Global cooling? This summer appears to be one of the coolest we’ve had in a long time. Last Thursday, Chicago had a high of 67 degrees, about 20 degrees below normal. United States cities and towns recorded more than 1,200 record lows in July. I have spent the past six weeks in Manitou Springs, Colo., as a guest of Summit Ministries, and I’ve been sleeping under a blanket almost every night. Those who want to keep the global warming narrative alive are scrambling for explanations. One possible explanation: Greenland’s ice sheet is melting and sending cold water into the oceans, causing a marked but temporary global cooling. I have no idea if any of that is true. I do know that the earth is a living system that is constantly heating and cooling. That’s what it does. I also know that we humans are excellent at adapting. That’s what we do. So whether we’re in a period of global heating or global cooling, I say: Bring it on. Dealing with whatever changes are coming our way should be interesting and fun.
Not a victim. I normally don’t give much space to celebrity news, but I saw an item that caught my attention and lets me make a point I’ve been thinking about a lot lately. Young film star Kristen Stewart (Twilight and On The Road) has gone viral with a profanity-laced tirade against paparazzi photographers. She concludes by telling a photographer, “You don’t deserve to breathe the same air I do.” I agree with Stewart that celebrity photographers are a force for evil on the planet, but so is the celebrity culture in which Stewart herself is an active participant. Every so often, going back to the 1960s, we’ll hear about a celebrity “going off” on a photographer. But my advice to a celebrity who wants to avoid celebrity photographers when they go out for dinner: Don’t send out press releases saying where you’ll be eating dinner. I do sympathize with the stress of young stars such as Stewart, Lindsay Lohan, Justin Bieber, Miley Cyrus, and others. Their parents threw them into a star-making and humanity-devouring machine before they were fully formed adults. It’s no wonder so many of them end up dead or in jail. But it’s hard to call any of them victims. They all volunteered for the gig.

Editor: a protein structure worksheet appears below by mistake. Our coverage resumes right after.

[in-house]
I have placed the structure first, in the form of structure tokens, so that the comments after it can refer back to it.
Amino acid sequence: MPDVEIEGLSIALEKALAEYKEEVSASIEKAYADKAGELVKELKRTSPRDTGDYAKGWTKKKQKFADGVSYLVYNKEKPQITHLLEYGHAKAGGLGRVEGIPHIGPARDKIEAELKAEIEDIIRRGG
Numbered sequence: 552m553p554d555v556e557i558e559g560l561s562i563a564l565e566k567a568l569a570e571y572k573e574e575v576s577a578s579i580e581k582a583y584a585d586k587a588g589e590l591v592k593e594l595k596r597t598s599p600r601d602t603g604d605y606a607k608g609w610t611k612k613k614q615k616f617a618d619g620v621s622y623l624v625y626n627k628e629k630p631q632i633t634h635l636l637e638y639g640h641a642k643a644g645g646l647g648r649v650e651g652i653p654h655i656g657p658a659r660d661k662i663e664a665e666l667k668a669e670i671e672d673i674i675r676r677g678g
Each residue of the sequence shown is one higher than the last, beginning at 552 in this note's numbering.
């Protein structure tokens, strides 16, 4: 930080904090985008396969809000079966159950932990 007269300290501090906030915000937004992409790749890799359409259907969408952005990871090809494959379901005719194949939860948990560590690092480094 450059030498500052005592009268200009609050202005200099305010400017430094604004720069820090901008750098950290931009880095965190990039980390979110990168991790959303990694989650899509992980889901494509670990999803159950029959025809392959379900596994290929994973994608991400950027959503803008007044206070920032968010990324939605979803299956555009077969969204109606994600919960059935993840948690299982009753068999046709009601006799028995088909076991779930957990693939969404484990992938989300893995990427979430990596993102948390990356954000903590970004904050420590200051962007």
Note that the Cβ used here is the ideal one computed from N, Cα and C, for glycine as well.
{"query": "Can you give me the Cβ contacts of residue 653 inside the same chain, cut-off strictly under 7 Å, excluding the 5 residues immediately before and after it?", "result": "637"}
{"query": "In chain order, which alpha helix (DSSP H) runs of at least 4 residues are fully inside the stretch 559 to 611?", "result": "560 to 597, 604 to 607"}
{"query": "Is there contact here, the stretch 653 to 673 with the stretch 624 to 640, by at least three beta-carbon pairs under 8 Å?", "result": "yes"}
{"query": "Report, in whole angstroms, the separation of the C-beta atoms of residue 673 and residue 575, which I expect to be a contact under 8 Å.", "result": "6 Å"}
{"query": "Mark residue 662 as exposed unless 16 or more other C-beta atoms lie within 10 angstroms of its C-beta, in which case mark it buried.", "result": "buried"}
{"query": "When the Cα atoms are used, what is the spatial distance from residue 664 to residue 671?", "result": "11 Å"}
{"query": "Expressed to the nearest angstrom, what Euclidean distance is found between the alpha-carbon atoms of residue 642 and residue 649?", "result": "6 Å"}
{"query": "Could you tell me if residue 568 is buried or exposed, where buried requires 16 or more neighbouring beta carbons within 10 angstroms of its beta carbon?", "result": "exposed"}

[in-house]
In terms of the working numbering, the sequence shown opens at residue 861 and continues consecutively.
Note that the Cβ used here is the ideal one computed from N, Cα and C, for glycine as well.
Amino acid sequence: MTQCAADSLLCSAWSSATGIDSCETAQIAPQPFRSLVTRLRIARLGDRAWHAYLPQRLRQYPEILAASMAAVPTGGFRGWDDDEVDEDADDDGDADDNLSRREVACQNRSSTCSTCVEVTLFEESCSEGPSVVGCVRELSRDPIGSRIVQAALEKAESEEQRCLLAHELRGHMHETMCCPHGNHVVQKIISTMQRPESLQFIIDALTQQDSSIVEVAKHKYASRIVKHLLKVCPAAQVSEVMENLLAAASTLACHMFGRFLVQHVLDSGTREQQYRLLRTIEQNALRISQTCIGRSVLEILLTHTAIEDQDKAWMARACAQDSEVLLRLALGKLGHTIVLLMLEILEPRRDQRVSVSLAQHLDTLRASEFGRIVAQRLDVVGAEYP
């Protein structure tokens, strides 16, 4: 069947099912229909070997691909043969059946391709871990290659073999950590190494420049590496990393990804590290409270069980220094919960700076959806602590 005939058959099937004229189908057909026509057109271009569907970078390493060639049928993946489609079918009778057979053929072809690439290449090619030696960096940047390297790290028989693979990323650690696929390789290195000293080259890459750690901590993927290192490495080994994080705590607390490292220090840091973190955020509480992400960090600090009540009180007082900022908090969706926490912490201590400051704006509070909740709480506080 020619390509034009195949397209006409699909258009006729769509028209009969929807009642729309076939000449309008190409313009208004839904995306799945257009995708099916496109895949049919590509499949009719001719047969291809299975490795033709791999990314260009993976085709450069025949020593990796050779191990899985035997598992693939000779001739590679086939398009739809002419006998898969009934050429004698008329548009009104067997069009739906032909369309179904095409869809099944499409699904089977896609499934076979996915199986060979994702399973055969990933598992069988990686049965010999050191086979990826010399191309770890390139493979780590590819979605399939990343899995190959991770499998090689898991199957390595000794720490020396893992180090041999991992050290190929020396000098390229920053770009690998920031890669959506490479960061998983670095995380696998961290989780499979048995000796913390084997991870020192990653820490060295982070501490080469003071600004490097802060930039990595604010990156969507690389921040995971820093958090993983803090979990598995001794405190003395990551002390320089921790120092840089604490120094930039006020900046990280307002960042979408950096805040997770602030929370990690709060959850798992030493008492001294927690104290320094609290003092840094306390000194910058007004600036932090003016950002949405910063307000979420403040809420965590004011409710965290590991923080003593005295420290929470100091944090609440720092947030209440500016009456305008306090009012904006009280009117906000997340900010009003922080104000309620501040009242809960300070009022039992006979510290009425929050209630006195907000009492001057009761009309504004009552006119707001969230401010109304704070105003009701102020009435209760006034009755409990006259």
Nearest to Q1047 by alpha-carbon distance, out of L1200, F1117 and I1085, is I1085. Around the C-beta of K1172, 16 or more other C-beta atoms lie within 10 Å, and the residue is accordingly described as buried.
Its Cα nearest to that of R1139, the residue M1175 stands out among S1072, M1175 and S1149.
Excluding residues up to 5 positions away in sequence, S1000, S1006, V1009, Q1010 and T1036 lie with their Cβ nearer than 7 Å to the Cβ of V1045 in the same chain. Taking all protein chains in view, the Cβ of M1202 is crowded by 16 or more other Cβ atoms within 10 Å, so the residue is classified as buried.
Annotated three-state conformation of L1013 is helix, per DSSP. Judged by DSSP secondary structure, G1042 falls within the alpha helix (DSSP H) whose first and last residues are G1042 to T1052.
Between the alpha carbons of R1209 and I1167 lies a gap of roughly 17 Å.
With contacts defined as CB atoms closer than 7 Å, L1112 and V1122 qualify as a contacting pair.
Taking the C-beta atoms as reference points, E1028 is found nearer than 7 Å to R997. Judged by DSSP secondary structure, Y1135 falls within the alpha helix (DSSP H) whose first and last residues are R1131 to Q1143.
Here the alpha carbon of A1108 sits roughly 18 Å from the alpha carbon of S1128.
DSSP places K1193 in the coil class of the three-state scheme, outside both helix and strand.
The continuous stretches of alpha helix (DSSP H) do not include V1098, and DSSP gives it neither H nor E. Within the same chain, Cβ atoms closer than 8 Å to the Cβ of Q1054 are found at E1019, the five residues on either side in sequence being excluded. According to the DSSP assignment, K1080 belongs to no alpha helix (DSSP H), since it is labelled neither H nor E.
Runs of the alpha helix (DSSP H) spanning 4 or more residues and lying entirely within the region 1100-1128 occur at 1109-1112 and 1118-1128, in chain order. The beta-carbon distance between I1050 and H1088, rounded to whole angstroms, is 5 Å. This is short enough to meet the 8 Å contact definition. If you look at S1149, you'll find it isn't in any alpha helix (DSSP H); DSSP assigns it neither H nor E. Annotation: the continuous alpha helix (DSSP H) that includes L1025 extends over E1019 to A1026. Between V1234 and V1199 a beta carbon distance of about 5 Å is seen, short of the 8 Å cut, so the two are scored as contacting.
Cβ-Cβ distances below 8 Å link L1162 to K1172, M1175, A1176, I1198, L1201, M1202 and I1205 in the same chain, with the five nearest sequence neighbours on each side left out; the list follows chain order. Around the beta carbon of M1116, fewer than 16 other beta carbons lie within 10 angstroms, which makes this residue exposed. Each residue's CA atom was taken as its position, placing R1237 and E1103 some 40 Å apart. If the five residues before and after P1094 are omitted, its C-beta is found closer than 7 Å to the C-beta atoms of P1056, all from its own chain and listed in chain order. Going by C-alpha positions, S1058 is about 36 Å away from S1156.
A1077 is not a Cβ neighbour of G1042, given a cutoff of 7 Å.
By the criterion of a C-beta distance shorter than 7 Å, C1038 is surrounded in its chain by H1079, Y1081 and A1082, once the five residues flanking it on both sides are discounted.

Coming to a church near you. Barrie Drewitt-Barlow, a wealthy gay Brit, says he and his civil partner Tony will go to court to force churches to host homosexual weddings. He told the Essex Chronicle that he will take legal action because “I am still not getting what I want.” Britain recently passed a law legalizing homosexual marriage, but it includes provisions to protect churches from being forced to perform the ceremonies. However, Drewitt-Barlow says, “The only way forward for us now is to make a challenge in the courts against the church. It is a shame that we are forced to take Christians into a court to get them to recognize us. It upsets me because I want it so much—a big lavish ceremony, the whole works, I just don’t think it is going to happen straight away.” We live among a generation of people who think they should have something not because they’ve earned it, or because it is right and good for them to have it, but because they want it. Drewitt-Barlow’s statement epitomizes this sense of entitlement and narcissism. But don’t dismiss him. He and his partner became the first homosexual couple to be named on their children’s birth certificates. He has a long history of bullying Christians—and winning.
Remembering Flannery O’Connor. The novelist and short story writer Flannery O’Connor died 49 years ago tomorrow. A trip to her home and grave in Milledgeville, Ga., now a bird sanctuary, has become something of a pilgrimage for many Christian writers. She has become for many an example of what it means to write with integrity as a Christian artist in the modern world. I made the trip myself a few years ago, and wrote about it. This year, I have nothing much to add, except this: No one writing today follows the path Flannery O’Connor blazed for us more effectively than Bret Lott. I plan to celebrate Flannery’s birthday tomorrow by reading from Lott’s newest book Letters and Life: On Being a Writer, On Being a Christian. He devotes a chapter to O’Connor: “Humble Flannery.” I commend it to you.